November 19, 2019 – Los Angeles: You might realize that you are most creative and sound your best when your creativity is not being challenged and you are free of self-doubt. This safe environment must start with you, from within yourself.
I’m talking about being your own best friend.
This does not mean you claim yourself as the next messiah of the music world, or strut around bragging about how great you are. You don’t have to give yourself false accolades and chant every morning, “I’m good,” or: “I love myself.” It does mean that if you have a way to go to reach the summit of your vocal prowess, or artistic goals, you don’t whip yourself for not yet being there or spew yourself with hatred when you make a mistake. It also means that you need to ensure you have a program of doable steps which will walk you to your goal. Then, as long as you maintain your discipline and scheduling, you can appreciate yourself for making progress and for the accomplishment of each step as you draw closer to your goals.
Perhaps not so obvious to some, there is a big difference in effect between constructive and destructive criticism. How you critique yourself can have either positive or negative results.
Let’s start with a working definition of Destructive Criticism. The bottom line is that destructive criticism gives you no means by which to correct or enhance your actions. The result can often be that you feel less sure of yourself. You may feel hesitant about continuing to sing or perform. Destructive criticism reduces your self image. Examples of destructive criticism could be: “I sounded horrible on that song.” Or: “You call that art?” And on a subtler level: “What’s wrong with me? I never open up to an audience.”
Now let’s define Constructive Criticism: OK. So first of all, this does not imply you say something was great when it was not. That’s actually pretty vicious, as it is a lie. Constructive criticism leaves you with a way of changing your approach so that you can enhance yourself and actually become stronger and more certain. An example of this would be: “That note went off pitch. The reason it did, is because I was pushing in my stomach, which resulted in air over-blow and tense throat muscles. I’ll sing it again, and this time try letting my stomach relax. Or even simpler, “I can put more feeling into that song. I’ll do it again from the top and focus on the getting across the message.”
Along with learning to change your way of criticizing yourself, it is important to be alert to the type of criticism others may give you. If you know when you are being given destructive criticism, and what the effect of it can be, perhaps you will be less likely to let it get under your skin.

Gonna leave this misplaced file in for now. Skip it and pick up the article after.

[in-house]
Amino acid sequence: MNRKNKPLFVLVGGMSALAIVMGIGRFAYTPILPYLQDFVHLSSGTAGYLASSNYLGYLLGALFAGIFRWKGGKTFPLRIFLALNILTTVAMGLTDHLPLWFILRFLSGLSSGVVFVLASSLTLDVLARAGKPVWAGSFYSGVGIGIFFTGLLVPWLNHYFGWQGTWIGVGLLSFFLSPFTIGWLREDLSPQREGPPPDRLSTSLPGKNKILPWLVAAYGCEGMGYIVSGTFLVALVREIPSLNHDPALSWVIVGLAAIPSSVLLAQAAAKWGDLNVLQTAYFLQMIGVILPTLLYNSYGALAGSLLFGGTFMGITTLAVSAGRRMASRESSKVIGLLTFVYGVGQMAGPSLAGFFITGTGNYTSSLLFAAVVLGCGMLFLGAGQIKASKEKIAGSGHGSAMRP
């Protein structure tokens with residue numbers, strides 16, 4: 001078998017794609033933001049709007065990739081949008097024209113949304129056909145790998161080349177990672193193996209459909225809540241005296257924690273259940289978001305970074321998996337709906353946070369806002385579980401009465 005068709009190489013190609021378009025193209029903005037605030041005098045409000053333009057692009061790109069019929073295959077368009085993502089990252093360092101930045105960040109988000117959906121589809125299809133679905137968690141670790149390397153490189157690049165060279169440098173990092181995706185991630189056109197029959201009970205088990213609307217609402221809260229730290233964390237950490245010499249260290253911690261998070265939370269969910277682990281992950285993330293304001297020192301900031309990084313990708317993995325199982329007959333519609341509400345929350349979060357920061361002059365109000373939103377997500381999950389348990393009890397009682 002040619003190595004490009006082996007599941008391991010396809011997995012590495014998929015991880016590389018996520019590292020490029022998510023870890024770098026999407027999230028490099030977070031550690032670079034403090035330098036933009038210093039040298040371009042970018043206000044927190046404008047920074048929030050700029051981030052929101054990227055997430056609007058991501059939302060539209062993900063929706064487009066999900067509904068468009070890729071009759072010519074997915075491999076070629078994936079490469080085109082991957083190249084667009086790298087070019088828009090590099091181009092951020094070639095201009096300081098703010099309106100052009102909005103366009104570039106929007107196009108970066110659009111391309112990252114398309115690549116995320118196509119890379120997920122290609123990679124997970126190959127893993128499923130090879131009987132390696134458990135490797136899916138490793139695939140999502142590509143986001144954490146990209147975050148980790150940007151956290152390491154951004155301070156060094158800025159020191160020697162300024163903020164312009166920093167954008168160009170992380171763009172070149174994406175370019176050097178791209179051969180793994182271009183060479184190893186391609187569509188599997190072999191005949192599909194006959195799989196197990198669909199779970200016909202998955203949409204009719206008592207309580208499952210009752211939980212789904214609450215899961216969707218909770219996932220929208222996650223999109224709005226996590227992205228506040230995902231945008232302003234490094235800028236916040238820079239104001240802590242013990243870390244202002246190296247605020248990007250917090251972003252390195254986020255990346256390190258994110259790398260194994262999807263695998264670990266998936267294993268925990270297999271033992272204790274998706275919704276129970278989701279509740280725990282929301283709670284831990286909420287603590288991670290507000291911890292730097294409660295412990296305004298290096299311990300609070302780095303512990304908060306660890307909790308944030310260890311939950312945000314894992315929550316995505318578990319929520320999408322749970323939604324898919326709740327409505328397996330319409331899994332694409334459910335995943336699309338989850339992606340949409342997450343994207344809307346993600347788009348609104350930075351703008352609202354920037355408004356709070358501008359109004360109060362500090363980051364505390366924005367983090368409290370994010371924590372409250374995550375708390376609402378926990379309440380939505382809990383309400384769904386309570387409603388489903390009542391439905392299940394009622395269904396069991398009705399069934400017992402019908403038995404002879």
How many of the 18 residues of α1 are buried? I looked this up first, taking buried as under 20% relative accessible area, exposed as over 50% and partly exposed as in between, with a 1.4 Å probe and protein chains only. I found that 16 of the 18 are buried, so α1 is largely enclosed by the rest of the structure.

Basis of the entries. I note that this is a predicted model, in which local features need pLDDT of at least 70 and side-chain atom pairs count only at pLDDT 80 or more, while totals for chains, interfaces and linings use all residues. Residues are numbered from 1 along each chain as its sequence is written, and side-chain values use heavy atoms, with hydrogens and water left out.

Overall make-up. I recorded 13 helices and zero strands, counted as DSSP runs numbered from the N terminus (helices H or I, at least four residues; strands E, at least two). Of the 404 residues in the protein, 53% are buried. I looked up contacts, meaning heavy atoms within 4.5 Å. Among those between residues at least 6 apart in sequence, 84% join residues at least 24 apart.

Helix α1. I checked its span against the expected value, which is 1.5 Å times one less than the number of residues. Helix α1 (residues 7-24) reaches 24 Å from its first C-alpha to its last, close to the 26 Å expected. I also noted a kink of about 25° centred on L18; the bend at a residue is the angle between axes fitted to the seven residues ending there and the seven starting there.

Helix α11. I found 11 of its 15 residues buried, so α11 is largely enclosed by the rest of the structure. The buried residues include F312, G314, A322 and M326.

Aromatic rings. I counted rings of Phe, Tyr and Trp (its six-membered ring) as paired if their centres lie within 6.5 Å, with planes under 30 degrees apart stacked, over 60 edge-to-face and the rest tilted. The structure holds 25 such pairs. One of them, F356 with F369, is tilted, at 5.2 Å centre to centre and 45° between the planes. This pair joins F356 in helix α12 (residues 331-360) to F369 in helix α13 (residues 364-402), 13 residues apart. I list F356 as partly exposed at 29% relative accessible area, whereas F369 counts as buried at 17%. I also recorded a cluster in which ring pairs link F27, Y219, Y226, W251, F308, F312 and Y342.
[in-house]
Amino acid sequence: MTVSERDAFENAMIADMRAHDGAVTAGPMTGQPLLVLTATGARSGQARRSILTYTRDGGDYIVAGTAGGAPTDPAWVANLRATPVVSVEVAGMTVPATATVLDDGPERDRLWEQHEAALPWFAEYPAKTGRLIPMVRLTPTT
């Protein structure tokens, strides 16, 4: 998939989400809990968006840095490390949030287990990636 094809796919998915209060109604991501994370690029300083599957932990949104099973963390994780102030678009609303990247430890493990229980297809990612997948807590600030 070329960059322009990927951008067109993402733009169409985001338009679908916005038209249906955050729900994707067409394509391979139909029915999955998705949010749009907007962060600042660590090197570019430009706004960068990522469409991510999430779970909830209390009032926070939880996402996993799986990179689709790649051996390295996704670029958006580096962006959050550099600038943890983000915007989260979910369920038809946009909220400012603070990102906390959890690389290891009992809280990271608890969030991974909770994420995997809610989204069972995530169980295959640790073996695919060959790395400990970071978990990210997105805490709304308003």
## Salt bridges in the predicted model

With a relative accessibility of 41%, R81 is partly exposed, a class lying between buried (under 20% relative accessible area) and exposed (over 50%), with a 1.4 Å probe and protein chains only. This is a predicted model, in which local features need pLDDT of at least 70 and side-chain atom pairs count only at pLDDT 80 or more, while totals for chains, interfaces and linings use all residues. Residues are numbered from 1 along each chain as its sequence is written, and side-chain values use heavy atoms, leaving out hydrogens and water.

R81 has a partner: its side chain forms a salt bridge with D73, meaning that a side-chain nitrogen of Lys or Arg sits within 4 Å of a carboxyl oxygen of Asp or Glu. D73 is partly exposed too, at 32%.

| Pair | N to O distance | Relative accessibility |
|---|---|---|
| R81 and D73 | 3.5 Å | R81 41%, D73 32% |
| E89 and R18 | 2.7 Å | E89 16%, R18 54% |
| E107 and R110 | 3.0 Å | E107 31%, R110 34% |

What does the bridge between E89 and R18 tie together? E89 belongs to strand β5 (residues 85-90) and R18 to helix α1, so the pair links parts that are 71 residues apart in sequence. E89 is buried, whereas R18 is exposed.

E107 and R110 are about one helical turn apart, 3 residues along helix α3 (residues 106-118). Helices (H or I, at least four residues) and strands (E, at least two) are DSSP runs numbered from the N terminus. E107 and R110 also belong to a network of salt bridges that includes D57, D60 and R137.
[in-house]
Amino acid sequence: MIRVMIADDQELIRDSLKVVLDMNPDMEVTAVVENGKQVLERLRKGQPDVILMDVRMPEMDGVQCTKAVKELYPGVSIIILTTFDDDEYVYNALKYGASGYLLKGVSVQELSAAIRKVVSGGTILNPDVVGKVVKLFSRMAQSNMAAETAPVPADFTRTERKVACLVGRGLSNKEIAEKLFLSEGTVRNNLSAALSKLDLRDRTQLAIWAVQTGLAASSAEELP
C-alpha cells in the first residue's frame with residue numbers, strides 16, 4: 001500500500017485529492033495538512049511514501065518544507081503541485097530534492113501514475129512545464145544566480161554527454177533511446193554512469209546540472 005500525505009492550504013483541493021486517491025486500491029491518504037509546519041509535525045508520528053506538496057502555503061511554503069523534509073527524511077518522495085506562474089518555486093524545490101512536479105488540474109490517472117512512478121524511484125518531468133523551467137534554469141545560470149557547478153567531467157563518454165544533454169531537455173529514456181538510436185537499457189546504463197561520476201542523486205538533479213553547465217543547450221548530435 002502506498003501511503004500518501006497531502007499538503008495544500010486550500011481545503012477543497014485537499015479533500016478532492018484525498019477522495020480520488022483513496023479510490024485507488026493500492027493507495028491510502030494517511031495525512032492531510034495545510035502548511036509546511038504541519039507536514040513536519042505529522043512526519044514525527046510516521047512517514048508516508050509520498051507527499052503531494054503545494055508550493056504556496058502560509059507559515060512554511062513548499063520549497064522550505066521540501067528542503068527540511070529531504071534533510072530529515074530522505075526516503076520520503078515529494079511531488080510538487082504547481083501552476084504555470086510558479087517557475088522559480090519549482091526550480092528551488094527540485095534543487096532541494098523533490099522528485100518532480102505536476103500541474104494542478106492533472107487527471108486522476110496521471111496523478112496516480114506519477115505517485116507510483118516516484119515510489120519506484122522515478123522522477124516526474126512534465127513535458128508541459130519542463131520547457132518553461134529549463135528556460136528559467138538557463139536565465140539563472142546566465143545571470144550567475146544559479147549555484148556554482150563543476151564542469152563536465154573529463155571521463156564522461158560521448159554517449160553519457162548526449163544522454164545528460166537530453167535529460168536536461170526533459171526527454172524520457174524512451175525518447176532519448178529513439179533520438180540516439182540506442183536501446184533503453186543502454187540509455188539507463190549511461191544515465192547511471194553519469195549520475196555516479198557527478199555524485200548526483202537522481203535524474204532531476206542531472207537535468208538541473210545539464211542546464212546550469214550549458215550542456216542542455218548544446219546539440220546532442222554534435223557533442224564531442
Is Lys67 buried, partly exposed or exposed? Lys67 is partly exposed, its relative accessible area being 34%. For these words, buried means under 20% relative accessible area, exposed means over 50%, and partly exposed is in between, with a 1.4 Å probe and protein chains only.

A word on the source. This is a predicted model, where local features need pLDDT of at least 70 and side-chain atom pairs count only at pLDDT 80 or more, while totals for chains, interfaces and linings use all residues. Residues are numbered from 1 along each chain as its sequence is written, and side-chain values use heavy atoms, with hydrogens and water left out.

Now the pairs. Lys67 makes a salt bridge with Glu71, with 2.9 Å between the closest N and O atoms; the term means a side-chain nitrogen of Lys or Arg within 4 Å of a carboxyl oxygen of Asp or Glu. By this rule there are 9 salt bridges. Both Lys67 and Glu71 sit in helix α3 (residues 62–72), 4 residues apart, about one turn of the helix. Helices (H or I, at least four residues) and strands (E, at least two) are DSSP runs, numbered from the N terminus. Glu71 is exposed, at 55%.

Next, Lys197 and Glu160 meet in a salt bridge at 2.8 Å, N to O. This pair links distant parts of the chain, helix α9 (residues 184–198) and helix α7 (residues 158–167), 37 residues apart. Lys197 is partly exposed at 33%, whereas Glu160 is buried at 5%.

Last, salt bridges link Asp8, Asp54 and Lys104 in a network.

HELPING YOURSELF GROW
Using constructive criticism can take some practice. Some people have, by habit, become so used to giving destructive criticism that they don’t know how to change the angle of their critique to make it positive. Hopefully, now that we’ve begun to examine this, you will notice any time you critique yourself and will be able to keep it constructive. Or at least you’ll be able to change it to constructive if it started out negative. Oh, one more thing. If you use a negative self abasement approach: “That was horrible,” “Oh. I did it wrong again,” “Why can’t I ever…,” you have mistakenly internalized destructive criticisms from another and have become your own enemy. If you use positive self direction, you will keep moving ahead and making progress. This in turn will boost your morale, self confidence, and ability. The choice is yours.
It can be easy to grow frustrated and impatient when you know where you want to be but don’t know how to get there, or aren’t making fast enough progress. It is better to ask someone knowledgeable and competent in your field to help you figure out the best program for you, rather than resort to demeaning yourself out of frustration. After all, we are all individuals and steps that are good for another person may not apply to you. Even if the steps you take are similar to another’s, the order they are taken in can make the difference between slugging it out and rapid progress.
Most importantly, be a friend to yourself by not allowing destructive self-criticism to defeat you.
© Jeannie Deva Enterprises, Inc. Jeannie Deva and The Deva Method are Registered Trademarks and used with permission.
Jeannie Deva is the founder of Jeannie Deva® Voice Studios since 1978 and of The Deva Method® A Non-Classical Approach for Singers™. While her private voice studio is located in Los Angeles, Jeannie maintains private clients across the US, South America and Europe. Author of the internationally published vocal home-study course: “The Contemporary Vocalist” book and CDs, she is flown to recording studios internationally to assist album vocal production and has been endorsed by producers and engineers of the Rolling Stones, The Cars, Aerosmith, and many others. Clients include Grammy Award Winner Aimee Mann, recording artists Patty Griffin, Dar Williams, members of the J. Geils band, the Broadway cast of Grease, international touring cast of Fame, and many more. http://www.jeanniedeva.com/